The Future of Mountain View: A Plea for Bipartisanship

I was recently asked what I would change if I could wave a magic wand. I didn’t have to think very long to know my own heart. I said I would erase the partisan divides that sometimes cloud our town conversations.

I have been working to achieve this goal without magic since I took my oath of office. Yet, the influence of national politics still looms, dividing us into blue and red camps. It makes me sad, not because of the diversity of opinion, which is vital for a healthy democracy, but because of how it affects our discussions and decisions. It makes us suspicious of each other, creates tension, hides the things we have in common, and complicates our efforts.

As the town has tackled some weighty issues this past year, we have experienced firsthand the whisper (sometimes roar) of political polarization. But we must remember that we are all on a shared journey toward a better tomorrow, and we must resist being clouded by this fog of ideological discord.

Opposing views do not have to be a battleground, and friendly conversations can replace partisan rhetoric if we try. Instead of resorting to the ready-made slogans and catchphrases that dominate the national political arena, let’s resist, and intentionally engage in conversations with patience and respect.

It’s important to recognize that the federal perspective, with all its partisan bickering and gridlock, has little bearing on the day-to-day realities of life in Mountain View. When it comes to issues such as budgeting, infrastructure, resource management, and providing services, really only local-level experiences matter.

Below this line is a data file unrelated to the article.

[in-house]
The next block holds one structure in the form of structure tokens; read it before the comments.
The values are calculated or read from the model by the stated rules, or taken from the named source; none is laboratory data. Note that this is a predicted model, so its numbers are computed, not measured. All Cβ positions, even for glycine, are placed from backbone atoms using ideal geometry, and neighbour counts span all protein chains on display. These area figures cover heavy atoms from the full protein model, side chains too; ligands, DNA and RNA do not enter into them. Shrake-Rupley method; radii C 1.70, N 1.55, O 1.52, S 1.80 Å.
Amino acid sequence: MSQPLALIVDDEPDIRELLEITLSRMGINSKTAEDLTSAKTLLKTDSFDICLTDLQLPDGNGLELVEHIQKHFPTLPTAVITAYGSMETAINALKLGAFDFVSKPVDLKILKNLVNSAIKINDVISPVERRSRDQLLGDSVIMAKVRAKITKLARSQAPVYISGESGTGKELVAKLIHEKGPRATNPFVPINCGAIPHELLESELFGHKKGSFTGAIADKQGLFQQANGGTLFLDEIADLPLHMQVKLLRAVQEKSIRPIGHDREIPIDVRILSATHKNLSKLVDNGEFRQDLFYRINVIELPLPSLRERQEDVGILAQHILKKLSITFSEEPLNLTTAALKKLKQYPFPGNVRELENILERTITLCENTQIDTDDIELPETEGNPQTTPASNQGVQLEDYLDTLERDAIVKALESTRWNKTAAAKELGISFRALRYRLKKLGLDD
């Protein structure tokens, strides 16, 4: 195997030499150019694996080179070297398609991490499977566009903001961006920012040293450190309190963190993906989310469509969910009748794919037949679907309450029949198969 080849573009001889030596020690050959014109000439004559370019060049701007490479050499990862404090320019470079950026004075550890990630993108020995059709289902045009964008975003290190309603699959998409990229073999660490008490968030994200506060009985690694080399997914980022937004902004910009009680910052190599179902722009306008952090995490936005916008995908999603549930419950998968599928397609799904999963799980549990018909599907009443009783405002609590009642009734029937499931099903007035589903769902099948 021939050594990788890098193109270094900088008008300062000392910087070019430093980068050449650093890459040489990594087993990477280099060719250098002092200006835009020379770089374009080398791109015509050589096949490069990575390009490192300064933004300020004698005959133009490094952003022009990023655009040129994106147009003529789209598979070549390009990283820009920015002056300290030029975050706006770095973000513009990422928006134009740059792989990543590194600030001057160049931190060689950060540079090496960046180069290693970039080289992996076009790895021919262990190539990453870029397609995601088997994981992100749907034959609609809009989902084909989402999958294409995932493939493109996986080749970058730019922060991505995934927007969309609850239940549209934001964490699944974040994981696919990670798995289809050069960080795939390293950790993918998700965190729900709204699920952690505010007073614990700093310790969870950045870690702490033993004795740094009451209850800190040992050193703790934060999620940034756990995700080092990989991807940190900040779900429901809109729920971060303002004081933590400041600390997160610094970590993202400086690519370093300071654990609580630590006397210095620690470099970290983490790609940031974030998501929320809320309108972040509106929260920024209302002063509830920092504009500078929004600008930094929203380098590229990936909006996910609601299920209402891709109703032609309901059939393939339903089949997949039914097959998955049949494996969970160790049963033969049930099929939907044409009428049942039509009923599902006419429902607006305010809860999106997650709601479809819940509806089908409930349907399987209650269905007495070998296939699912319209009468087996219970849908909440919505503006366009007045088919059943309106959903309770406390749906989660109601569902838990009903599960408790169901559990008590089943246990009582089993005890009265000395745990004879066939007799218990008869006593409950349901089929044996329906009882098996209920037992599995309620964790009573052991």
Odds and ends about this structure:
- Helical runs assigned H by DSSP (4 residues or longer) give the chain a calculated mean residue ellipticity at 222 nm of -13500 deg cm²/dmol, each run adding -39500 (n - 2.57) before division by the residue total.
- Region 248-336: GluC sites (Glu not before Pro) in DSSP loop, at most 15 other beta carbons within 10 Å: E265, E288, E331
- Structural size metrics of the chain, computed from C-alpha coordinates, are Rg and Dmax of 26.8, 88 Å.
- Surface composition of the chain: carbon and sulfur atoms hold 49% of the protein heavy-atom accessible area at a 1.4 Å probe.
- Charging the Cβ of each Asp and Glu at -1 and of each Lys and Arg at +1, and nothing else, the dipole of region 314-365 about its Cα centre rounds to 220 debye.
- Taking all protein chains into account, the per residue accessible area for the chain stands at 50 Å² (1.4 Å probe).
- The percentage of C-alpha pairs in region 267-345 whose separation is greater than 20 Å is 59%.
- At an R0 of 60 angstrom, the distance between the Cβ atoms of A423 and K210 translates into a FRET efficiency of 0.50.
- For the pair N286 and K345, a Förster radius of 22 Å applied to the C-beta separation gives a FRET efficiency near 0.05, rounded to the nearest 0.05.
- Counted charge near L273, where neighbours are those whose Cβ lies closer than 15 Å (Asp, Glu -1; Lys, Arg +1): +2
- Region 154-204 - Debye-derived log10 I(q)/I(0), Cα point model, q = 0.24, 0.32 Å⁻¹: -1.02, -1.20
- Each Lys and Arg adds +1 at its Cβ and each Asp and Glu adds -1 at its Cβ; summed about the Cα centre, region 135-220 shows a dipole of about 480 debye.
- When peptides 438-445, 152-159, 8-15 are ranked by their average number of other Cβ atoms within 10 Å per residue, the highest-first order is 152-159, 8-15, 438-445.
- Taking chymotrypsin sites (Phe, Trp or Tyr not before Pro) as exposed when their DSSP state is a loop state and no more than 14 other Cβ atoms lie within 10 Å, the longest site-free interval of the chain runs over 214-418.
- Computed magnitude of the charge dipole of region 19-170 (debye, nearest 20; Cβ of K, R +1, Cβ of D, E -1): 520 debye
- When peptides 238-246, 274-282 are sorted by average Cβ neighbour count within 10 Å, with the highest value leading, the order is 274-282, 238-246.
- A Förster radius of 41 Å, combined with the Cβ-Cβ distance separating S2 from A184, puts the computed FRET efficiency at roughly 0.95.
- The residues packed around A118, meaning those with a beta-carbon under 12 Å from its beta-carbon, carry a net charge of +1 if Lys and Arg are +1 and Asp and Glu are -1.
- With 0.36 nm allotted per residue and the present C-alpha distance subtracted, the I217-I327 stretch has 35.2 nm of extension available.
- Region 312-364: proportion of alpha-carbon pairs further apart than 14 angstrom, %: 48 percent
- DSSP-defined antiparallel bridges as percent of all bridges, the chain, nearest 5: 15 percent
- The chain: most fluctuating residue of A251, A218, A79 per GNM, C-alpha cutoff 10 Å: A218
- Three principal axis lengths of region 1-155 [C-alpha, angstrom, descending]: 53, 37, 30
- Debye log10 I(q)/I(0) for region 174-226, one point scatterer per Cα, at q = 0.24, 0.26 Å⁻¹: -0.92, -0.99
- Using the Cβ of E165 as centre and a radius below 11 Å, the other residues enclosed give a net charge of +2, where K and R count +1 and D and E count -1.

Differences in opinion should not be viewed as insults or threats, but rather as opportunities for growth and progress. Each perspective, shaped by individual experiences and circumstances, adds richness and depth to our community discourse. It is through respectful engagement with these diverse perspectives that we can truly harness the wisdom of our community and chart our bright future.

At its core, democracy is not about uniformity of thought, but rather about the ability to navigate through differences with civility and respect. It’s about recognizing that, while we may hold differing viewpoints, we are all bound together by a shared commitment to the principles of freedom, equality, and justice.

If we are to truly live up to the ideals of democracy, we must strive to cultivate a culture of understanding, acceptance, and cooperation in our town. We must resist the temptation to retreat into our respective ideological echo chambers and instead embrace the messy, yet enriching, process of conversation and debate with those who are different from us.

As Mayor of Mountain View, I urge each of you to join me in this endeavor. Let us unite in our shared love for this special town we call home. Together, we can build a future that is inclusive, resilient, and full of promise. With our pretty gardens and eclectic homes of diverse sizes and natures, just like our own families, creating a colorful quilt. With our cherished safety that is the result of supporting our police department, helping our children grow up healthy and allowing us to walk our dogs late at night without fear. With our newly planted trees creating more shade on our sidewalks. And our friendships grow deeper, over the years. All of these things color the future I dream of—that I don’t need a wand for—that is within reach, if we all continue to work together.

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